MR Peter Bunting, the national security minister, might have used his "dark night of the soul" description out of the true context meant by 16th-century Spanish poet and Roman Catholic mystic, Saint John of the Cross, whose poem of the same title speaks of the painful experience that people endure as they seek to grow in spiritual maturity and union with God.
But the reaction, some might say overreaction, to his speech is not about his wrong use of the term. One gets the sense that there is some baying for political blood in some quarters of Jamaica and, in that context, we suspect, there is a bit of overreaction to Mr Bunting's statement to the 13th Annual Prayer and Thanksgiving Service for the Security Forces of Jamaica at the Northern Caribbean University in Mandeville.
Having read the full text of the minister's statement as published in yesterday's edition of the Observer, we think it is clear that Mr Bunting was not waving the white flag of surrender to criminals, as some have accused him.
In fact, his suggestion that divine intervention was necessary for solving crime in Jamaica is something that many Jamaicans, especially those who subscribe to Christianity, have been saying for the longest time.
Of course, had he not explained what he meant by divine intervention, we would understand the consternation being expressed by those who believe that a minister of security ought not to appear to be giving up to criminals.
The minister said: "...I think that after 15 months I am convinced that the best efforts of the security forces, by itself, will not solve the crime problem in Jamaica. But it is going to take divine intervention, touching the hearts of a wide cross section of the society and using as the instruments of divine intervention the Ministers' Fraternals, the academics, the business community, those persons who work in the NGO (non-governmental organisation) community, those of us who are in political service — all to try to make an impact, to touch the hearts and minds of our fellow Jamaicans."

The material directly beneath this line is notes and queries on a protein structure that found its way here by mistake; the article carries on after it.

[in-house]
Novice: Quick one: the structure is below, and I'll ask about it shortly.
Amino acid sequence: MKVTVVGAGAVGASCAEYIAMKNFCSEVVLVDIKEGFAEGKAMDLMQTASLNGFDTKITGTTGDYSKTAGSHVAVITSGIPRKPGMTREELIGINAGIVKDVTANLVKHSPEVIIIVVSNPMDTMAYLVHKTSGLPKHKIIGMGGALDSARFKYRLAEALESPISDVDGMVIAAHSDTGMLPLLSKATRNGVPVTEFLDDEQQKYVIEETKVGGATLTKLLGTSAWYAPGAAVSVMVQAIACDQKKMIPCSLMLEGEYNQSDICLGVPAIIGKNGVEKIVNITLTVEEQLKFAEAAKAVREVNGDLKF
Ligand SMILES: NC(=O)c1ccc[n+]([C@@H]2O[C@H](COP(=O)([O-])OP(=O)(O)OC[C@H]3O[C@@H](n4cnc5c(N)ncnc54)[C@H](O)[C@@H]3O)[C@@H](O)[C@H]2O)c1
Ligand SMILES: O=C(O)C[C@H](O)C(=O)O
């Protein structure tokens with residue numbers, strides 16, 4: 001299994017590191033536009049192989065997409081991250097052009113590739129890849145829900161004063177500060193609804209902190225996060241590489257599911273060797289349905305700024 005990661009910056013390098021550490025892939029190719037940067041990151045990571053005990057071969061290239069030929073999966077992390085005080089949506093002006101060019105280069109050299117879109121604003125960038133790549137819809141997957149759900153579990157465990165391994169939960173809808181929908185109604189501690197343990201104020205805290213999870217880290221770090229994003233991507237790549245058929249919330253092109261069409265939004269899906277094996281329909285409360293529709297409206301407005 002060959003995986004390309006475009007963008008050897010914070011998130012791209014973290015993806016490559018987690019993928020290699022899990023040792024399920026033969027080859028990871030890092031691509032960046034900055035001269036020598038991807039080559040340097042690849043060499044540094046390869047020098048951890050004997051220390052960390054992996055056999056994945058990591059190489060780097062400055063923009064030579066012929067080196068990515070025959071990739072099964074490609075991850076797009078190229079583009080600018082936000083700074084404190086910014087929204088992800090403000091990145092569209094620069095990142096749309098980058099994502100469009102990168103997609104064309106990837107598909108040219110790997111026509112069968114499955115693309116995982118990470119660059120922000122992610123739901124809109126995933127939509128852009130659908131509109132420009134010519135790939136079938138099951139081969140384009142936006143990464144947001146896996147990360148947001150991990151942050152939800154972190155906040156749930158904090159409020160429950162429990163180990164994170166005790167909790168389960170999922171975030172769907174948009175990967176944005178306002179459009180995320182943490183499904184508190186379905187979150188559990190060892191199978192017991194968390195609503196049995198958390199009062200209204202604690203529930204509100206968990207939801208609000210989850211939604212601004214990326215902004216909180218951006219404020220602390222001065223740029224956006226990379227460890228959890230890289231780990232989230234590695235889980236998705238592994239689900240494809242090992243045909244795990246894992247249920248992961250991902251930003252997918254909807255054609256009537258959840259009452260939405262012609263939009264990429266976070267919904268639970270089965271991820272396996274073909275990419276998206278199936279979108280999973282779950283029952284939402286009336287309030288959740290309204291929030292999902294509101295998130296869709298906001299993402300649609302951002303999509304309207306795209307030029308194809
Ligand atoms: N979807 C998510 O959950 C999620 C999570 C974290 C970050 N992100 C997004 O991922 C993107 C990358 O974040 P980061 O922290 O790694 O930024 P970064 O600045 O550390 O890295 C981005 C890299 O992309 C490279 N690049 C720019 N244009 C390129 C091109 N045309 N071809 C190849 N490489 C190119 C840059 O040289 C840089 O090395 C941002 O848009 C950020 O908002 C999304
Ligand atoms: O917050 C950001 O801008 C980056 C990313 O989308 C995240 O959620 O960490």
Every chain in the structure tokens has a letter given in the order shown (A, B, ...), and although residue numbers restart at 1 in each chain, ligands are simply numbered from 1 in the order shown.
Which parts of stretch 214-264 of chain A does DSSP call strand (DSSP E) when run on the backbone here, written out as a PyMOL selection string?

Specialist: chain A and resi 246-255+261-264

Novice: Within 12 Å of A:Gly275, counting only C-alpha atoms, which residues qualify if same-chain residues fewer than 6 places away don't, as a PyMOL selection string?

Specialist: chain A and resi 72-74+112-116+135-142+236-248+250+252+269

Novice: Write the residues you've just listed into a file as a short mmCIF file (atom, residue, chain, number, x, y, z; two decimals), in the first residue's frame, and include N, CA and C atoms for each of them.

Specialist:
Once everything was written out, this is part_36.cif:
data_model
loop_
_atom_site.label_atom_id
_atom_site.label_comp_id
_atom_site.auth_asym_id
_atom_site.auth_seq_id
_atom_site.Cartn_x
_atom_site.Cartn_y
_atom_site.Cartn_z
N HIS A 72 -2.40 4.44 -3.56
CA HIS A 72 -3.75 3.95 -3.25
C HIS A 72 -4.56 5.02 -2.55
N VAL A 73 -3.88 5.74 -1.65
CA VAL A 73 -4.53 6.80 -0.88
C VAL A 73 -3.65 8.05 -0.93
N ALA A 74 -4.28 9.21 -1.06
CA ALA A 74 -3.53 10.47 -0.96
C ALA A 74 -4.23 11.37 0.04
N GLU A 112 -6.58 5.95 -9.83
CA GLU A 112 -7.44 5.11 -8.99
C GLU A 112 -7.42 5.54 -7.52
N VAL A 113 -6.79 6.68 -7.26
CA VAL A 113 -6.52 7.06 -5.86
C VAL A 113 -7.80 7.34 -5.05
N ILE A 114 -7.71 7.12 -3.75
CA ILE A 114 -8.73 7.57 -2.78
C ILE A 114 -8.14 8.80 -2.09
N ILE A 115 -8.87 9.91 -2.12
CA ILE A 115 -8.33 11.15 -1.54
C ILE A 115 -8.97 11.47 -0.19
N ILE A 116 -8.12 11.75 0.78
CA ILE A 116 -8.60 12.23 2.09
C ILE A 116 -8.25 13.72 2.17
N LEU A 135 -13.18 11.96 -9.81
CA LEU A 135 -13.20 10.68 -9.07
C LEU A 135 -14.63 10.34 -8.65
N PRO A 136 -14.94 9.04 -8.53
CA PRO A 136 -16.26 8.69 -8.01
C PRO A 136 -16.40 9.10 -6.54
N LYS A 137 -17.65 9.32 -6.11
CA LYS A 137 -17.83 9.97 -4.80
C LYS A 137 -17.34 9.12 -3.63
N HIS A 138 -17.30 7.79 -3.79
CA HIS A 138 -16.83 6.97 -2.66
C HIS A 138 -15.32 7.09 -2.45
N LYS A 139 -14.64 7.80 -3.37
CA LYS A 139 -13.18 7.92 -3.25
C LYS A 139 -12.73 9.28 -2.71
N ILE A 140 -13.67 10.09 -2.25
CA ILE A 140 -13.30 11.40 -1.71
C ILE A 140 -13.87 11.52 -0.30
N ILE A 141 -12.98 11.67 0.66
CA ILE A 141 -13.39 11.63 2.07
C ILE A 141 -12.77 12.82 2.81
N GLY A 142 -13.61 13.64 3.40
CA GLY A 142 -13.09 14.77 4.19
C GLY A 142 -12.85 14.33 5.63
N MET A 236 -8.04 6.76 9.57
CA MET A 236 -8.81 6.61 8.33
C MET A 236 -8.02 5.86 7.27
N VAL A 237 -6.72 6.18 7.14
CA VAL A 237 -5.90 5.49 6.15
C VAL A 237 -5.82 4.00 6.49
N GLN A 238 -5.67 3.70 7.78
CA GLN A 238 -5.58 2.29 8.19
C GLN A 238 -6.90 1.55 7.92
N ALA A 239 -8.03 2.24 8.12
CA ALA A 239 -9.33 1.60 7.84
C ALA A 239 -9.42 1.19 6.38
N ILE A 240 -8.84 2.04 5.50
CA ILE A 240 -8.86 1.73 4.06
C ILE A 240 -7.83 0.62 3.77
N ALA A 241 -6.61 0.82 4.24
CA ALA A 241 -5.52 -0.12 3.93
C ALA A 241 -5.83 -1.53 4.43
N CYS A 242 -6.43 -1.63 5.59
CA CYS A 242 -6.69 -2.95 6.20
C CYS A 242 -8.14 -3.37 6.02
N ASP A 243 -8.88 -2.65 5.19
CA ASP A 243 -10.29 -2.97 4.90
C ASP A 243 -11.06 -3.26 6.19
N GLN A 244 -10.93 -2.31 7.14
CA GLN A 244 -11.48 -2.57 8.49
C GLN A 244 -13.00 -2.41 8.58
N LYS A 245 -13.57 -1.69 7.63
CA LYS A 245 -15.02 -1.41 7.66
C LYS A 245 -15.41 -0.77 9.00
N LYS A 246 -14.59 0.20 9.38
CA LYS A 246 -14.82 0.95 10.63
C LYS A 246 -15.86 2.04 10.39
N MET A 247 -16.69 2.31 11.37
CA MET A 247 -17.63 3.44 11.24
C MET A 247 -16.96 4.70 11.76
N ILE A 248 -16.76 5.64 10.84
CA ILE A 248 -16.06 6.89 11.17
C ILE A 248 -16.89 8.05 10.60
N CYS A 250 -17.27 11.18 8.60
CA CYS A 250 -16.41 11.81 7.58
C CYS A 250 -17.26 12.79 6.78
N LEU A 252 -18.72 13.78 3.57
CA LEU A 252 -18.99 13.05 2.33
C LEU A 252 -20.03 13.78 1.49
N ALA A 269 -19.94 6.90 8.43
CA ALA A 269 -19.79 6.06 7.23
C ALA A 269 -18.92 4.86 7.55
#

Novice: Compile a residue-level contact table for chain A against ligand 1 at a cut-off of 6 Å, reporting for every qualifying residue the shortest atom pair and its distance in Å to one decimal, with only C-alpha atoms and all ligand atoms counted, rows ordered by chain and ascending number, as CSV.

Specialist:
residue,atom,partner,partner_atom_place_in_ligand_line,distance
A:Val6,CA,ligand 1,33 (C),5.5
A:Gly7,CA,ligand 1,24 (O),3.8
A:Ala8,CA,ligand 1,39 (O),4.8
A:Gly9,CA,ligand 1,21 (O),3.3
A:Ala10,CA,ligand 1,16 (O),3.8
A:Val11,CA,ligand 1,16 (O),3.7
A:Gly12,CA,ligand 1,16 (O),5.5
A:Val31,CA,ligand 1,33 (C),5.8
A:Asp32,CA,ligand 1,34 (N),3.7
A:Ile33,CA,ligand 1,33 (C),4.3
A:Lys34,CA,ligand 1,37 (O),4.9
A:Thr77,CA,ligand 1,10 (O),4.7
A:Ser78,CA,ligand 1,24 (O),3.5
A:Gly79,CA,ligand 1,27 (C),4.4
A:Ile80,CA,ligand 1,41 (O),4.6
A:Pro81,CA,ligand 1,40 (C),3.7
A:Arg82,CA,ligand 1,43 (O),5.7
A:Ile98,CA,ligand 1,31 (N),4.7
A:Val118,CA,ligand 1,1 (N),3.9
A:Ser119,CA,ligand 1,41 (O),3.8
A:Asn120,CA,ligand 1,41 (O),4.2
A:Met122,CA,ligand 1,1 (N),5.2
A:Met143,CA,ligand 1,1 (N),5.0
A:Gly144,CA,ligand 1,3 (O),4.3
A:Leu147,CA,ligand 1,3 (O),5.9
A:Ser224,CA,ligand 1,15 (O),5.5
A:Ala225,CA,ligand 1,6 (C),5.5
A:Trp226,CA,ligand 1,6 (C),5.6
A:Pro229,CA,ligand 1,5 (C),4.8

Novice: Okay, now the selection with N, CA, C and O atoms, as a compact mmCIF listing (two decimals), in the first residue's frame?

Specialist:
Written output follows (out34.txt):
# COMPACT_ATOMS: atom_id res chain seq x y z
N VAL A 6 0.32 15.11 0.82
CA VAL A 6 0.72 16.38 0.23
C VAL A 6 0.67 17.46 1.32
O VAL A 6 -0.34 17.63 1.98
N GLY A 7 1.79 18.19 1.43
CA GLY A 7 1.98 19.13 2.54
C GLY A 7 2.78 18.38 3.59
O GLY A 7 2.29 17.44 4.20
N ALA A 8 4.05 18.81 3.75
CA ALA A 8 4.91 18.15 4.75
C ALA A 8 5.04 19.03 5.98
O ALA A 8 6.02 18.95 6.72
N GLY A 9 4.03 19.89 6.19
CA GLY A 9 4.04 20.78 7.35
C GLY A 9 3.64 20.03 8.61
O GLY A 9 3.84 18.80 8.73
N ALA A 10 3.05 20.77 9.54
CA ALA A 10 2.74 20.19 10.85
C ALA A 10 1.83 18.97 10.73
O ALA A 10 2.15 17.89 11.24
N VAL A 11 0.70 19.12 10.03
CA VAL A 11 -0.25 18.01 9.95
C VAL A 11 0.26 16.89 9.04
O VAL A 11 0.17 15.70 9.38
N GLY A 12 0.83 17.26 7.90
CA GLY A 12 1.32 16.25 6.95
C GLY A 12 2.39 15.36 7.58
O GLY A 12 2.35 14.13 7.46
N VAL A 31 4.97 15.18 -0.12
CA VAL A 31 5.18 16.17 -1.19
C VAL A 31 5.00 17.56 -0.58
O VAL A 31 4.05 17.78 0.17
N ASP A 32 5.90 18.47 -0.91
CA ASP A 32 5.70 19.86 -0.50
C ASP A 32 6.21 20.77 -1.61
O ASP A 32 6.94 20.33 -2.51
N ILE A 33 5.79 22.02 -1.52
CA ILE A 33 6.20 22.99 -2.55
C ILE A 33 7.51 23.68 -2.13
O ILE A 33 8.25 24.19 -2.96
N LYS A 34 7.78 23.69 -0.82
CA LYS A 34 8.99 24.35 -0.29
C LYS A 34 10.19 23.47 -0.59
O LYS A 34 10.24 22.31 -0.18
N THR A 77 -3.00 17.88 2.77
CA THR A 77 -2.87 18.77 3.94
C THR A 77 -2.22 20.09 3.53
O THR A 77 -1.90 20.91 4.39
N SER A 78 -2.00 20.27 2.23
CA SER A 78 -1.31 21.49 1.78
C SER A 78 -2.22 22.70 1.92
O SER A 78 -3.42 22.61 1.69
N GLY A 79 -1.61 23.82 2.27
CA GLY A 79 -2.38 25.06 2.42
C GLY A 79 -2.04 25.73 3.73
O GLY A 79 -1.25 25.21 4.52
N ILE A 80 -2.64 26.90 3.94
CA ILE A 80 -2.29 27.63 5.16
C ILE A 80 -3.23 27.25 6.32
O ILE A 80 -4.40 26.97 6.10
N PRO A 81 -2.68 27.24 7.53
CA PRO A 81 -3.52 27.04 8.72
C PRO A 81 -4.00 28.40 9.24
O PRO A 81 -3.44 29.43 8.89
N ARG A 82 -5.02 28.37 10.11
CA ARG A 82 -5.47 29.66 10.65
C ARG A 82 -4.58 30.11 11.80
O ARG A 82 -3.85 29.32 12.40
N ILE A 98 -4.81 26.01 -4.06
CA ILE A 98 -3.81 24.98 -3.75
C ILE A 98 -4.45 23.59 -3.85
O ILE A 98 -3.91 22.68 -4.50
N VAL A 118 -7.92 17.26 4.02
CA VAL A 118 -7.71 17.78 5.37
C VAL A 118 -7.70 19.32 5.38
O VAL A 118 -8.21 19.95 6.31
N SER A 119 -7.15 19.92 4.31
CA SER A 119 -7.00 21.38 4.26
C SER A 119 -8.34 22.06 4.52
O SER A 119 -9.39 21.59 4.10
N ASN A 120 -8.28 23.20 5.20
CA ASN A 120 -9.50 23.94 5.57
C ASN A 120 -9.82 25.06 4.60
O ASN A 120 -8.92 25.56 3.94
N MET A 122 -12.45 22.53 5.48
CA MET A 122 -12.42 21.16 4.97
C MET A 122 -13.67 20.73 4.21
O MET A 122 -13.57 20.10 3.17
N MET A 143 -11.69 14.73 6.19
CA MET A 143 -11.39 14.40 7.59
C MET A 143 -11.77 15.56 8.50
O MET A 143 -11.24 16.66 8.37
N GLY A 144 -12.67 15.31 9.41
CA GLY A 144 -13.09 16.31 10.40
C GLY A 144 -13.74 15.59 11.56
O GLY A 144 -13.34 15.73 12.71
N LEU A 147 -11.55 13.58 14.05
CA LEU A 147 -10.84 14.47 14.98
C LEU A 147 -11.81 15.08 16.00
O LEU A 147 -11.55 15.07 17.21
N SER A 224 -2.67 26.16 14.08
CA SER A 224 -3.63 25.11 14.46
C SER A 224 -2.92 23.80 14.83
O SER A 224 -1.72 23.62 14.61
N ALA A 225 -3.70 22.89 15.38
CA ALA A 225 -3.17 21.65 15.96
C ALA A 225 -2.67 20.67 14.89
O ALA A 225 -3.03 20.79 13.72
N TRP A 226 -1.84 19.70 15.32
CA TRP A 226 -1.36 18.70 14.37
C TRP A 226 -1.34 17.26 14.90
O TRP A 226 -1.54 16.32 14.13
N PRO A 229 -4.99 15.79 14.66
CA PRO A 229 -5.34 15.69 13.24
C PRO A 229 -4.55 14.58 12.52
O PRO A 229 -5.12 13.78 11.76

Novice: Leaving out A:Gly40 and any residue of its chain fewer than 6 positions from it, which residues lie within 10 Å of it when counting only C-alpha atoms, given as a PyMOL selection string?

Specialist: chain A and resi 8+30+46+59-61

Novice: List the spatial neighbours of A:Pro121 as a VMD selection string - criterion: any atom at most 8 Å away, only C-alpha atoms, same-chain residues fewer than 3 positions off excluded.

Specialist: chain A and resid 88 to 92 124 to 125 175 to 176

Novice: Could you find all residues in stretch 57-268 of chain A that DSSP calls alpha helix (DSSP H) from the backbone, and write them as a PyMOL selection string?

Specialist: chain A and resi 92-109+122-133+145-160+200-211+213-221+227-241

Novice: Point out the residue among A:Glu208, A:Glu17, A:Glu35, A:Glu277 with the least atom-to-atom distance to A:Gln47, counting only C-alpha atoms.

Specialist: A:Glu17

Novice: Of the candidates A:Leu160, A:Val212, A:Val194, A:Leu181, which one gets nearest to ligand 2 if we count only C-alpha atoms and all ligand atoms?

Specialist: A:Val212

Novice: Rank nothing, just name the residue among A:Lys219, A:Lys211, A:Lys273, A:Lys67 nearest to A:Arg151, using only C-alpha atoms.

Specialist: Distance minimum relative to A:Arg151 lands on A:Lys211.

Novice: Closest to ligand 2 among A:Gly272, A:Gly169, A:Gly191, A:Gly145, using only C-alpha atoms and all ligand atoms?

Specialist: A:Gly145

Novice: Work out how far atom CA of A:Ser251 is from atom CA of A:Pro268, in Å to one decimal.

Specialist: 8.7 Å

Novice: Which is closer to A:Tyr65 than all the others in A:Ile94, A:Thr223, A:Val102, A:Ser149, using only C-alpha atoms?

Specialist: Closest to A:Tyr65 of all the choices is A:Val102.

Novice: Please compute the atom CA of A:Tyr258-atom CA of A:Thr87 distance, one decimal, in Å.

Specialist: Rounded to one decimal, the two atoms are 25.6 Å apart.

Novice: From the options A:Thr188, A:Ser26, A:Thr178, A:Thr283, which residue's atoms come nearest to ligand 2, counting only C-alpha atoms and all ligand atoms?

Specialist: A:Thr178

It's no secret that the police alone cannot solve the crime problem that we face. A former official of the United States embassy in Kingston is noted to have quoted the Economist magazine, in a report to Washington, as listing Jamaica as the "most murderous country in the world" in 2008, and concluding in a 2009 article "that the nation has an unfixable" crime problem.
That may have been a tad exaggerated, but it certainly shows the kind of perception that others outside of Jamaica have about our crime problem.
Mr Bunting was carefull to stress that "the best efforts of the security forces, by itself, will not solve the crime problem in Jamaica". We don't know of any Jamaican who understands the situation who will disagree.
He also spoke to the many fatalities caused by persons known to each other and sometimes in the same family, to make the point that "it would be virtually impossible for the security forces, unless we had 100 times the numbers, to have prevented (that)".
Might we suggest that the reaction to Mr Bunting could have something to do with a growing perception that he may be out of his depth with the crime situation, especially coming after the unfortunate incident in San San, Portland, where a villa at which he was staying with friends was hit by armed robbers.
The minister might want to do his own soul searching.